Background: The cyclooxygenase-2 (COX-2) enzyme, which is induced by inflammatory and mitogenic stimuli, plays a protumorigenic role in several human cancers. COX-2 is overexpressed in invasive and in situ breast cancers. Atypical hyperplasia in breast tissue, although benign, is associated with a high risk of breast cancer. We investigated whether COX-2 overexpression in atypical hyperplasia is associated with the risk of subsequent breast cancer. Methods: COX-2 expression was assessed immunohistochemically in archival sections from 235 women with atypia whose biopsy specimens were obtained at the Mayo Clinic from January 1, 1967, through December 31, 1991. COX-2 expression was scored as 0 (negative), 1+ (weak), 2+ (moderate), or 3+ (strong). Risk factor information and follow-up for breast cancer events were obtained via a study questionnaire and the medical records. All statistical tests were two-sided. Results: Forty-one (17%) of the 235 women developed breast cancer during a median follow-up of 15 years. Moderate (category 2+) or strong (category 3+) COX-2 expression was identified in 71 (30%) and 34 (14%) of the 235 samples, respectively. The risk for developing breast cancer, relative to a control population (the Iowa Surveillance, Epidemiology, and End Results registry), increased with increasing COX-2 expression (relative risk [RR] = 2.63, 95% confidence interval [CI] = 1.56 to 4.15, for those with negative or weak COX-2 expression; RR = 3.56, 95% CI = 1.94 to 5.97, for those with moderate expression; and RR = 5.66, 95% CI = 2.59 to 10.75, for those with strong expression; P =. 07). Overexpression of COX-2 was statistically significantly associated with the type of atypia (lobular vs ductal, P <. 001), number of foci of atypia in the biopsy (P =. 02), and older age at time of biopsy (>45 years, P =. 01). Conclusions: COX-2 appears to be a biomarker that further stratifies breast cancer risk among women with atypia and may be a relevant target for chemoprevention strategies.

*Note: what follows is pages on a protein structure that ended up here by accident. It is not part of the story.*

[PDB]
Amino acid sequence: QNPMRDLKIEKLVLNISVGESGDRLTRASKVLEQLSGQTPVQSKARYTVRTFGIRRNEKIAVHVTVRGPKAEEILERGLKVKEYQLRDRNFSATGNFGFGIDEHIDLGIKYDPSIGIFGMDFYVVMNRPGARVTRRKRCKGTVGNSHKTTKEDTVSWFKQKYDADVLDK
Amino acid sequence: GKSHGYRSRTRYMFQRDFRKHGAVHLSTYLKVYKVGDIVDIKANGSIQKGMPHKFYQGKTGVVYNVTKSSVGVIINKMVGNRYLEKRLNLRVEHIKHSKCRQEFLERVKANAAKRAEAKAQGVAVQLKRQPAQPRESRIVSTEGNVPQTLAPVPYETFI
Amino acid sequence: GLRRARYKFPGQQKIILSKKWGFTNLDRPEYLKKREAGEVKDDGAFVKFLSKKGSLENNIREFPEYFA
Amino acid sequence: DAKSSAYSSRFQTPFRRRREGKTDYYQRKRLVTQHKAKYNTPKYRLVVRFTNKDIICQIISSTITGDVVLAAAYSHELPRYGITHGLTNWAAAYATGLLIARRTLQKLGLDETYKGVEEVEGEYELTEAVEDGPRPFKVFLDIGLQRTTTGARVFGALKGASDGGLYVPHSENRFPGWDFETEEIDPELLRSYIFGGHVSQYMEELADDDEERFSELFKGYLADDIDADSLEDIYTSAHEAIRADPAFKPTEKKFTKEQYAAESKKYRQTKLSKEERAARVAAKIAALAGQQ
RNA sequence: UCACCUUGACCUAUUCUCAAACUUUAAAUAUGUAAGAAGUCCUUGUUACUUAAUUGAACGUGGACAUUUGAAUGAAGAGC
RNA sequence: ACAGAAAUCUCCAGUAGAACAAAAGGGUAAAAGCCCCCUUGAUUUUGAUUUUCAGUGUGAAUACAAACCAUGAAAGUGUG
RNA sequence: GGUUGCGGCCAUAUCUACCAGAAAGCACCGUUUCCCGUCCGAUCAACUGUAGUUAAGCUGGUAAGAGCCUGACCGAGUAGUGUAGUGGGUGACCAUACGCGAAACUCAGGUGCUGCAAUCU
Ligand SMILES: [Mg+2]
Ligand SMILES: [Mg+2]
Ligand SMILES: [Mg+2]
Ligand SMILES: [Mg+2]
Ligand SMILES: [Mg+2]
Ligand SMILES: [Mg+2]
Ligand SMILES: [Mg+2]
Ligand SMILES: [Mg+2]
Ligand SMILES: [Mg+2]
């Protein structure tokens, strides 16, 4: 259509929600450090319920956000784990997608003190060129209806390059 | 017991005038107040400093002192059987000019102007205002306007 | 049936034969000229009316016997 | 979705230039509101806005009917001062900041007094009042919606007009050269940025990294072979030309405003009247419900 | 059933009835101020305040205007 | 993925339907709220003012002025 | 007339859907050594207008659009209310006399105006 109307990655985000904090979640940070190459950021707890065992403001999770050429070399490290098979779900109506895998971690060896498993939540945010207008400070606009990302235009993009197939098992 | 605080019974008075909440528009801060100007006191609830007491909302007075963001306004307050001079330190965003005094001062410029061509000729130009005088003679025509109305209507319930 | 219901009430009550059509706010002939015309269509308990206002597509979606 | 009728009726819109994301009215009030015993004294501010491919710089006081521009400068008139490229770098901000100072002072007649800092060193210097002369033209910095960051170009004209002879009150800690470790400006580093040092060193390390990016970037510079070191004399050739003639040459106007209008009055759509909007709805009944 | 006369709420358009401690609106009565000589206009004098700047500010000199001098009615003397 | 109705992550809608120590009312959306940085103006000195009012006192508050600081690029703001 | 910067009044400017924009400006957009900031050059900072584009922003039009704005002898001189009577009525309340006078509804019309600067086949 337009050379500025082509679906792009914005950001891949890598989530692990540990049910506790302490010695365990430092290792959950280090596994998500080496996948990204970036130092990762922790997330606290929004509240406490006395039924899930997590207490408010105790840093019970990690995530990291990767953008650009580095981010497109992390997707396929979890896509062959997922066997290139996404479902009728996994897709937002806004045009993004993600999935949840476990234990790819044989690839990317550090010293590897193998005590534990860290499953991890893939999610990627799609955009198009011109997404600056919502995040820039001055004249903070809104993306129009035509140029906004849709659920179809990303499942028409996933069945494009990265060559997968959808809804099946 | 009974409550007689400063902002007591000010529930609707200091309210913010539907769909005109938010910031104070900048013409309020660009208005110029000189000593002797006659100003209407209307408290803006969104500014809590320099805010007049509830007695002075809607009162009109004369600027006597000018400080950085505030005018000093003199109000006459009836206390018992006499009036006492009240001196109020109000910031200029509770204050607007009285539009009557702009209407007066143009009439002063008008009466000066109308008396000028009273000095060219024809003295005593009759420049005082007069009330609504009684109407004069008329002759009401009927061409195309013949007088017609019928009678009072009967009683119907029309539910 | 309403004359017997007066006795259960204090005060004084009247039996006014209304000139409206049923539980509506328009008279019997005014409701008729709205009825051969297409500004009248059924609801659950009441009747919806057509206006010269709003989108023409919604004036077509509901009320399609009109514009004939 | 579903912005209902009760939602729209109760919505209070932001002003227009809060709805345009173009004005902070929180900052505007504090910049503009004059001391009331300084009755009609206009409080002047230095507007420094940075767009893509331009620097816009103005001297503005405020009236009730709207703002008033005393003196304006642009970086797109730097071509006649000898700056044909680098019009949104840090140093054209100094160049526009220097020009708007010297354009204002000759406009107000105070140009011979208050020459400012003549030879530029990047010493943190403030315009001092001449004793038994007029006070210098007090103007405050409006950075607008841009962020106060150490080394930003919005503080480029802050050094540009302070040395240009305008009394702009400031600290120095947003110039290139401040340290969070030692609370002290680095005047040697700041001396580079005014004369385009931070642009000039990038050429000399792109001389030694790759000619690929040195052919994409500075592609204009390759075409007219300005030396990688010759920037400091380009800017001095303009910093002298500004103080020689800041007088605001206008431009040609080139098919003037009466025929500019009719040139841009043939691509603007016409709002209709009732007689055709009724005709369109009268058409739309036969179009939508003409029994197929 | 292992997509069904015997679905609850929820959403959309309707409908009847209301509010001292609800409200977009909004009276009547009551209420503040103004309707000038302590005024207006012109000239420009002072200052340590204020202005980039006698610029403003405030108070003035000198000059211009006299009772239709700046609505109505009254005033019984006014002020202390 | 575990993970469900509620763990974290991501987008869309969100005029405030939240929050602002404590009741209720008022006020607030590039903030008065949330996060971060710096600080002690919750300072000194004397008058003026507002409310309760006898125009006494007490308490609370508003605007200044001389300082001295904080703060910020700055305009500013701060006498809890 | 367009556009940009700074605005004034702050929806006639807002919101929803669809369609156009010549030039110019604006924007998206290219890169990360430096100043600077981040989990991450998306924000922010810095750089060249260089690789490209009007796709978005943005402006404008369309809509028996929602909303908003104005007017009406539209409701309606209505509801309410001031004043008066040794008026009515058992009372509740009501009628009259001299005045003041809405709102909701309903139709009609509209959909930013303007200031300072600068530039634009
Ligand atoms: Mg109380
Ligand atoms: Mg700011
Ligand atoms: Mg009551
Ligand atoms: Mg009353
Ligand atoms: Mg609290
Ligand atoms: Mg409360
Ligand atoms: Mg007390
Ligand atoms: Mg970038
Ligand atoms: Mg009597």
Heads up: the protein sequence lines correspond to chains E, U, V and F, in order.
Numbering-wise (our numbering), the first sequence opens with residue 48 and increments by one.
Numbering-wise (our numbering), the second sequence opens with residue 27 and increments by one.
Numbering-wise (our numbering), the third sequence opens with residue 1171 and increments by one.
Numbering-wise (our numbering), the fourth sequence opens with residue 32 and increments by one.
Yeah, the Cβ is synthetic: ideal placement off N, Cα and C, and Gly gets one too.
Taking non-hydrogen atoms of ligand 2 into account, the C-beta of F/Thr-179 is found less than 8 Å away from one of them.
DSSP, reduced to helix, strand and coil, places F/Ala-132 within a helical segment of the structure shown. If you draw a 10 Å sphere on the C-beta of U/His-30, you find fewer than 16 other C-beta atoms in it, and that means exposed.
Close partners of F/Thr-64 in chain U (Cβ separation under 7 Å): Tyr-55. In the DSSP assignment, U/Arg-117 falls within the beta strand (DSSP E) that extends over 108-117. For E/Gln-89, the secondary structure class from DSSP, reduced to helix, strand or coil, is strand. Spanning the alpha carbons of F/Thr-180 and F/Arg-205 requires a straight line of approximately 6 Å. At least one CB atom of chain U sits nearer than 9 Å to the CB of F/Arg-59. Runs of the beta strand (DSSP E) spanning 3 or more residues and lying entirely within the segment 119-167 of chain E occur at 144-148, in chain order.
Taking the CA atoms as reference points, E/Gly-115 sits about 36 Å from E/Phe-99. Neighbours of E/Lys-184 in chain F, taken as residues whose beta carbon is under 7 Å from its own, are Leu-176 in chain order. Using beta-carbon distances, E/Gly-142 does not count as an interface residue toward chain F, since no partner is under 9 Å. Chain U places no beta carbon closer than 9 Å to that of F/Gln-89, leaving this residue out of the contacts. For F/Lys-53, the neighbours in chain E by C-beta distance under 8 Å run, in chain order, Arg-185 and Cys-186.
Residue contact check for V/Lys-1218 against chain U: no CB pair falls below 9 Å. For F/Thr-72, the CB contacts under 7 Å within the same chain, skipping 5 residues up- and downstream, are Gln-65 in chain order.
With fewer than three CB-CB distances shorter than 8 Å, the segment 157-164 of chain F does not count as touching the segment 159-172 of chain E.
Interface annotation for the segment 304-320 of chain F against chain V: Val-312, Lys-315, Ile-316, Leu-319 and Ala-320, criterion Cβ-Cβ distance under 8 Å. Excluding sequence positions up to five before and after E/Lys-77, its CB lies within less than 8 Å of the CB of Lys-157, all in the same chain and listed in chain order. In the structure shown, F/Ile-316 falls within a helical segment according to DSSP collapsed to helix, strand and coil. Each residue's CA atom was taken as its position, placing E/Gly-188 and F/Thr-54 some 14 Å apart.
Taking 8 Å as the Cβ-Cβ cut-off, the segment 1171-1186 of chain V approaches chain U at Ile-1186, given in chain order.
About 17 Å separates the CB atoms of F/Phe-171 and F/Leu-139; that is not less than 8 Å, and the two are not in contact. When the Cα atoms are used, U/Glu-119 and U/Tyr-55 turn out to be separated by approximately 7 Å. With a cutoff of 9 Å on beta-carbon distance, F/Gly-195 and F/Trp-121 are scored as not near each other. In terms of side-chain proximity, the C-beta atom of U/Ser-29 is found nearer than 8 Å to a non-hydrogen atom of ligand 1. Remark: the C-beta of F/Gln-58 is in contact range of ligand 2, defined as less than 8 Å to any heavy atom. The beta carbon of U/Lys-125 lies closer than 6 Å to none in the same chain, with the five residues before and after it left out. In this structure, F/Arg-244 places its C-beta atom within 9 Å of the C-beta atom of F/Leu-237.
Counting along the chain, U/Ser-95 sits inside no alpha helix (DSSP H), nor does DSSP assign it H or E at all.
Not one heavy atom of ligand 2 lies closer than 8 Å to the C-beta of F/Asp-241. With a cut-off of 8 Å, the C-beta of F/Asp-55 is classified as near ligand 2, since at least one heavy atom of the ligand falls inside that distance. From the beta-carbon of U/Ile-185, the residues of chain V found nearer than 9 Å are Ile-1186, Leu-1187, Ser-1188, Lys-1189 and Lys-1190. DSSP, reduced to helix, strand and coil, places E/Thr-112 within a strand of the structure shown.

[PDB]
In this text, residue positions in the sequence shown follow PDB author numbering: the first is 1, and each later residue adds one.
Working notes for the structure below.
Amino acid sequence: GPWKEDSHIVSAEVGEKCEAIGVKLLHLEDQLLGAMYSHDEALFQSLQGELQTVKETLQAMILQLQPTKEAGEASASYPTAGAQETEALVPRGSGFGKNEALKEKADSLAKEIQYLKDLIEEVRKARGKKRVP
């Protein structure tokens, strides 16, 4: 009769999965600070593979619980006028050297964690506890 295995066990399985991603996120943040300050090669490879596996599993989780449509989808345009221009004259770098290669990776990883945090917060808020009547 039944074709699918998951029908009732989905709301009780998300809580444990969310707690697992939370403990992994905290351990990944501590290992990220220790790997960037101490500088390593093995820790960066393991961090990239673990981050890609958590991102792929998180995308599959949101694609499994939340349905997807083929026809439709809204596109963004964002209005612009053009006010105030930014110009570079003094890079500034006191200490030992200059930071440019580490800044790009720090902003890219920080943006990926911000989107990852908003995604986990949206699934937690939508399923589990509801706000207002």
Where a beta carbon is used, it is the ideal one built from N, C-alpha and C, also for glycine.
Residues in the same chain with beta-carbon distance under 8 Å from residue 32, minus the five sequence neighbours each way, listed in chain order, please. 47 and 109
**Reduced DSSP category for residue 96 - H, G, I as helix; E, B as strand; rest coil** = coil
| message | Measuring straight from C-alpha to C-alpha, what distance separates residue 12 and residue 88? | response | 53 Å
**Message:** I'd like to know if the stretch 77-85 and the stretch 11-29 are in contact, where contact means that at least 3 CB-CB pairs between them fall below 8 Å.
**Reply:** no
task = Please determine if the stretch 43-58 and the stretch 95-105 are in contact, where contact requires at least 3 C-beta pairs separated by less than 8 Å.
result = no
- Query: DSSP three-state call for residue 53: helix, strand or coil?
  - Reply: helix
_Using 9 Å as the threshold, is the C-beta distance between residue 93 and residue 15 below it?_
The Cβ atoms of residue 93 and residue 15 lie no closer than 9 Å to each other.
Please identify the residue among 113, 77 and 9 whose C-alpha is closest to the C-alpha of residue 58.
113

ASJC Scopus subject areas
- Cancer Research